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Farhad Dalal
Farhad Dalal
4 Star popcorn reviewss


Onto the next release of the weekend and I finished watching the new Malayalam film Kooman which is streaming on Amazon Prime. Now I wasn’t prepared for the OTT release of this film given how low key it was. It was only after it was out last night that I did happened to come across it while skimming through content. And come to terms that I really wished to watch this film right from the time it had a theatrical release. The Irony!

One of the reasons why I was looking forward to watching this film was because Kooman is directed by Jeethu Joseph who has previously helmed iconic thrillers like Memories and is the brain behind the Drishyam franchise. And so everytime he comes up with a new thriller, I am quite excited. To top it, the film did release some glowing reviews and that did peak my excitement levels. Now that I have finally finished watching Kooman, here are my two cents on the film.

Story & Screenplay

Kooman is one of those stories that you need to know very little about before venturing into the film. And this is because of the route that it takes simply from the point of view of constructing a thriller. It is unassuming but supremely rewarding. The screenplay standing at 150 minutes means that it is slightly on the longer side. However, if you are aware of Jeethu Joseph’s filmography and his manner of constructing a thriller then you will know that this length is justified!

The drama is a slow burn and requires a good amount of patience to sink your teeth in it. This is a typical Jeethu Joseph narrative wherein the world building does take its fair share of time. So the focus is on the protagonist who is a cop having a sharp mind and an even bigger ego. He finds himself in the middle of a village on the Kerala-Tamil Nadu border where a series of unrelated crimes do take place. These are written so half-heartedly and deliberately so, that these seem like passing events. The politics surrounding the area is nicely tapped upon and tactfully linked to the main plot.

Things slowly begin to gather steam after an incident that dabbles with the ego of the protagonist wherein he starts committing crimes himself in a game of one-upmanship. However, there are Easter eggs in store in the second hour, something that you do associate with a Jeethu Joseph film. A massive twist at the halfway mark changes the complexion of the thriller which then begins to head in a different direction. Some of the passing references in the first hour are cleverly used as foreshadowing.

But the true genius of the filmmaker lies in the tonal shift that takes place towards the end. It is here that I saw a filmmaker successfully breaking a conventional mold of a mystery thriller. So while the ongoing investigation is interesting in itself, the seamless tonal shift leads up to a shocking revelation in the final act that will remind you of the Kannada film Vikrant Rona in its tonality. But the difference between Vikrant Rona and Kooman is that the former was mounted on top of a folklore from the very beginning, while Kooman has a tonal shift that may have been a risky proposition to begin with, yet the effectiveness with which it is done makes for an engrossing and awe-inspiring watch. In other words, the drama breaks the mold of a conventional thriller in many ways with a touch of folklore.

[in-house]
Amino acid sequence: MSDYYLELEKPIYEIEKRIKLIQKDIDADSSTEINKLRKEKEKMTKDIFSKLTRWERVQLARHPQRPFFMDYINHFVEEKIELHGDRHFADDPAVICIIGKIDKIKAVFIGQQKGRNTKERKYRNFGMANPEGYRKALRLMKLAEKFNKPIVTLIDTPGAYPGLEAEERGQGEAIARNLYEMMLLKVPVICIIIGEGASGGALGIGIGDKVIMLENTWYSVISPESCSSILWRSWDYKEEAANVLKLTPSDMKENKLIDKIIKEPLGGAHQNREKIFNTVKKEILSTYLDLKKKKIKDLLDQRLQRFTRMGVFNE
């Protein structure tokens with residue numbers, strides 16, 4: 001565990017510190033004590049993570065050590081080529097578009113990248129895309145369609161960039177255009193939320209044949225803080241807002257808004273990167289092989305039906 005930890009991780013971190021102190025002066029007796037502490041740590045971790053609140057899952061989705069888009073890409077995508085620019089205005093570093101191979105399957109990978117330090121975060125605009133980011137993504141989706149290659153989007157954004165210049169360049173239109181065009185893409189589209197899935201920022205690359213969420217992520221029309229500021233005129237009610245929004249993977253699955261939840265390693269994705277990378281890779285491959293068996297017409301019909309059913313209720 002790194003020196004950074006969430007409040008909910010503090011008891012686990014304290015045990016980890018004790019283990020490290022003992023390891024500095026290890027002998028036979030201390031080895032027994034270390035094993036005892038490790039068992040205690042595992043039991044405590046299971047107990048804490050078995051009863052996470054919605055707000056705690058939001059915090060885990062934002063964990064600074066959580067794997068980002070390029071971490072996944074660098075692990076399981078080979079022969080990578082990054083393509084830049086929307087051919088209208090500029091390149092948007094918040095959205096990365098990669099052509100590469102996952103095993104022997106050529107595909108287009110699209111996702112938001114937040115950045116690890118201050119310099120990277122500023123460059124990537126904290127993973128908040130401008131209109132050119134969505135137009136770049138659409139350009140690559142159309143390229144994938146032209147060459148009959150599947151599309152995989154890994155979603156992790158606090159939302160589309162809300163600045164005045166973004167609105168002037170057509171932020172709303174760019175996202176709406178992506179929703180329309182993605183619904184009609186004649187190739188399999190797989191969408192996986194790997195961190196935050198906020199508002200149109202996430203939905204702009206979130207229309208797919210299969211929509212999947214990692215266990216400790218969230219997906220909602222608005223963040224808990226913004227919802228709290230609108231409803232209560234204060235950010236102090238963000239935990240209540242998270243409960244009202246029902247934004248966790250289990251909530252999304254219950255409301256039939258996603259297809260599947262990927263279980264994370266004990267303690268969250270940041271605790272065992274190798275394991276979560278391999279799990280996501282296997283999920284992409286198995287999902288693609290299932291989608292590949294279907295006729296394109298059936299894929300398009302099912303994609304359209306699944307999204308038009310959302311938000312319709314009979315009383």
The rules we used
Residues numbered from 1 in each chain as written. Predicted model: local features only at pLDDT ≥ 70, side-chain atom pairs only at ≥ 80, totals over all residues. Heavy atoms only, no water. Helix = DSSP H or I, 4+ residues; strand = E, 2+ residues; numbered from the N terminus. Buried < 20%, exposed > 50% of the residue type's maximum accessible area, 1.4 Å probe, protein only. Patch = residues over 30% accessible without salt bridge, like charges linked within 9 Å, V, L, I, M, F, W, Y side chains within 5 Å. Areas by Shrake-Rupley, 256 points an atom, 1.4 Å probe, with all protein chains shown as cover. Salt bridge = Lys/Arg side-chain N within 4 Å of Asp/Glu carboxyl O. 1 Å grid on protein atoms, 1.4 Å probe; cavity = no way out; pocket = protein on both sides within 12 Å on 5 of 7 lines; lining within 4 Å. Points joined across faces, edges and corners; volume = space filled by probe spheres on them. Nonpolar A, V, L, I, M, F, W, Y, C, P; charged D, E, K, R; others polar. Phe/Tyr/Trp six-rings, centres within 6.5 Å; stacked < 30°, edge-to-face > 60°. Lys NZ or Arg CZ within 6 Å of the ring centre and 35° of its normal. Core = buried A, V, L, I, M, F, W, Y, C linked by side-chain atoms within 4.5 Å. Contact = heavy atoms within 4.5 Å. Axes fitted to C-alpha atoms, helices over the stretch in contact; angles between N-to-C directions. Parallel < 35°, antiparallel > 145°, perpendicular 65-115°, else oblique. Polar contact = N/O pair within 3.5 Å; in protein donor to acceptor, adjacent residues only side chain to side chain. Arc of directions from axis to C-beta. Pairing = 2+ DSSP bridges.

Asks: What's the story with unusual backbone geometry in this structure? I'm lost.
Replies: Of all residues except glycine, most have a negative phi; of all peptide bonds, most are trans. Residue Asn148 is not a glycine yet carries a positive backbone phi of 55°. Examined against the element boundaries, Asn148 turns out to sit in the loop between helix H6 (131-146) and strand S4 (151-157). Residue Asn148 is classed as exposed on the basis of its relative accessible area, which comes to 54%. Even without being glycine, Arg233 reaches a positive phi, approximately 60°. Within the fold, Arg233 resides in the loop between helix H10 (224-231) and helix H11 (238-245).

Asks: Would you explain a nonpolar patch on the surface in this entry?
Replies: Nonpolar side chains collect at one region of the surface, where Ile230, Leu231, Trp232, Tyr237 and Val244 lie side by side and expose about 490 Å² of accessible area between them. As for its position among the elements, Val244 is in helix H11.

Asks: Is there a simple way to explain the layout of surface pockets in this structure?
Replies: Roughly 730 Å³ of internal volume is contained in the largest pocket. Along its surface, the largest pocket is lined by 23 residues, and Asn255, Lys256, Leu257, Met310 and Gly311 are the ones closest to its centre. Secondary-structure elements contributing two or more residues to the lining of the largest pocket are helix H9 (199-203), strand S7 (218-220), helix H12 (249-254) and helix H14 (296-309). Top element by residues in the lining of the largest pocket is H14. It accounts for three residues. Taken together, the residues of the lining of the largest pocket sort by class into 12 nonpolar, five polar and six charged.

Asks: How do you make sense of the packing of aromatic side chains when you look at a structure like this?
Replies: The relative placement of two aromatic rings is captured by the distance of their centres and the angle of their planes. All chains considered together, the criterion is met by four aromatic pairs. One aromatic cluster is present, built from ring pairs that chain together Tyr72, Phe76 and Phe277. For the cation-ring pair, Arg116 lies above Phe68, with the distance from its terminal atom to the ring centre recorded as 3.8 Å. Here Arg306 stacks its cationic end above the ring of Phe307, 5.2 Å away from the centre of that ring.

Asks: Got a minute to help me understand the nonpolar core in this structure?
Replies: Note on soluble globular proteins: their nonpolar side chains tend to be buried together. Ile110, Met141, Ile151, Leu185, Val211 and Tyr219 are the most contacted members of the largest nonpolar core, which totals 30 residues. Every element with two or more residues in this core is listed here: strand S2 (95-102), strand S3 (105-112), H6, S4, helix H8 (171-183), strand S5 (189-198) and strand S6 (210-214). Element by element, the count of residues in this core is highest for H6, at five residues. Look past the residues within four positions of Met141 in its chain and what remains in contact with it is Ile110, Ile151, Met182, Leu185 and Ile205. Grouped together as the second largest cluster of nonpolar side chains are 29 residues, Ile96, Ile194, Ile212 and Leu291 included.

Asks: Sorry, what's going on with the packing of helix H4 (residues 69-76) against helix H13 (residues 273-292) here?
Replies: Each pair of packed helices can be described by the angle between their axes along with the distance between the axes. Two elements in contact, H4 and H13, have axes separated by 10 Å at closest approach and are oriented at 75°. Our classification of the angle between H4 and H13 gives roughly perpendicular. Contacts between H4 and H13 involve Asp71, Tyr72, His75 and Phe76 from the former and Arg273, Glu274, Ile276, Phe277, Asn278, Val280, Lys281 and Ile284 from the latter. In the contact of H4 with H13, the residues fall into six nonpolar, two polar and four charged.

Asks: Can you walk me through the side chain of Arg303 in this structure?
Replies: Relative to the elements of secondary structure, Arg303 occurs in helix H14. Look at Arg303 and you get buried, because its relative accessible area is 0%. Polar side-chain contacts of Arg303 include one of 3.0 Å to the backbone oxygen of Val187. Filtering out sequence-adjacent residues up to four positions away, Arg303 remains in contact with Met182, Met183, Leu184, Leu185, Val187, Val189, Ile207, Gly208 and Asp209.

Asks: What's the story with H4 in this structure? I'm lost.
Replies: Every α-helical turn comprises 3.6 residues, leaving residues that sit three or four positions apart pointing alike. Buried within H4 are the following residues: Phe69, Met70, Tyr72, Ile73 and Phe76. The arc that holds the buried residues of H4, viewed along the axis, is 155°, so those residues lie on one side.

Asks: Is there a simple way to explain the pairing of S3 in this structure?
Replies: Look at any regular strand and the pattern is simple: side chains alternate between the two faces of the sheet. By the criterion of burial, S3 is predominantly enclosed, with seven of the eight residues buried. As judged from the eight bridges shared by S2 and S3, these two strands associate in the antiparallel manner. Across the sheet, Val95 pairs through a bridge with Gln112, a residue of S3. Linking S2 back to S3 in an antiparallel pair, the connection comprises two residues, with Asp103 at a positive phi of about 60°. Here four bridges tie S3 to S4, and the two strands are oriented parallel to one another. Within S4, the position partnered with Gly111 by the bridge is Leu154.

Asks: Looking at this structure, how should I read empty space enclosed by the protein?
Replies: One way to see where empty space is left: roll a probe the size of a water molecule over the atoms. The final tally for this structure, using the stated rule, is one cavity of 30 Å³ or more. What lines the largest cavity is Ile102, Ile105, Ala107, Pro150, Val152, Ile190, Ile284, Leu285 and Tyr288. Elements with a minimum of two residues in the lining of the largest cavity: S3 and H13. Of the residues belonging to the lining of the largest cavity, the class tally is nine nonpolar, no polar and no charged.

Dialogues, Music & Direction

The dialogues are conversational but even the lines have an interesting tonal shift towards the end that makes for a brilliant watch. The music here is good but the BGM is absolutely spitting fire in so many scenes. It is electrifying and uplifts the mood of the drama at so many crucial junctures. The cinematography is outstanding and does its bit in capturing some wonderful frames. Director Jeethu Joseph does it again and adds another feather to his thriller supremacy! His direction is rather unassuming wherein you do get a sense as to where the drama is headed particularly in the first hour. But he has this knack of catching you off guard and sweeping you off your feet. And Kooman is no different. His direction is exceptional here.


The performances are really good here although I did feel that the characterization of the rest of the cast is not as powerful as that of the protagonist. Deepak Parambol as Suresh and Baiju as Thampi have their moments to shine. Renji Panicker as CI Pillai is first rate. Hannah Reji Koshy as Lakshmi is brilliant to watch. Jaffer Idukki as Maniyan is endearing and sincere. But it is Asif Ali as CPO Giri who is absolutely prolific in his role. We get to see two distinct shades to his character, one revengeful and the other calculative and cerebral. If this film is like two films(or perhaps three) clubbed into one, Asif gets ample of scope to showcase his acting prowess and he delivers with a bang!


Kooman is another testimony to Jeethu Joseph and his ability to construct unassuming thrillers! Available on Amazon Prime and Highly Recommended!

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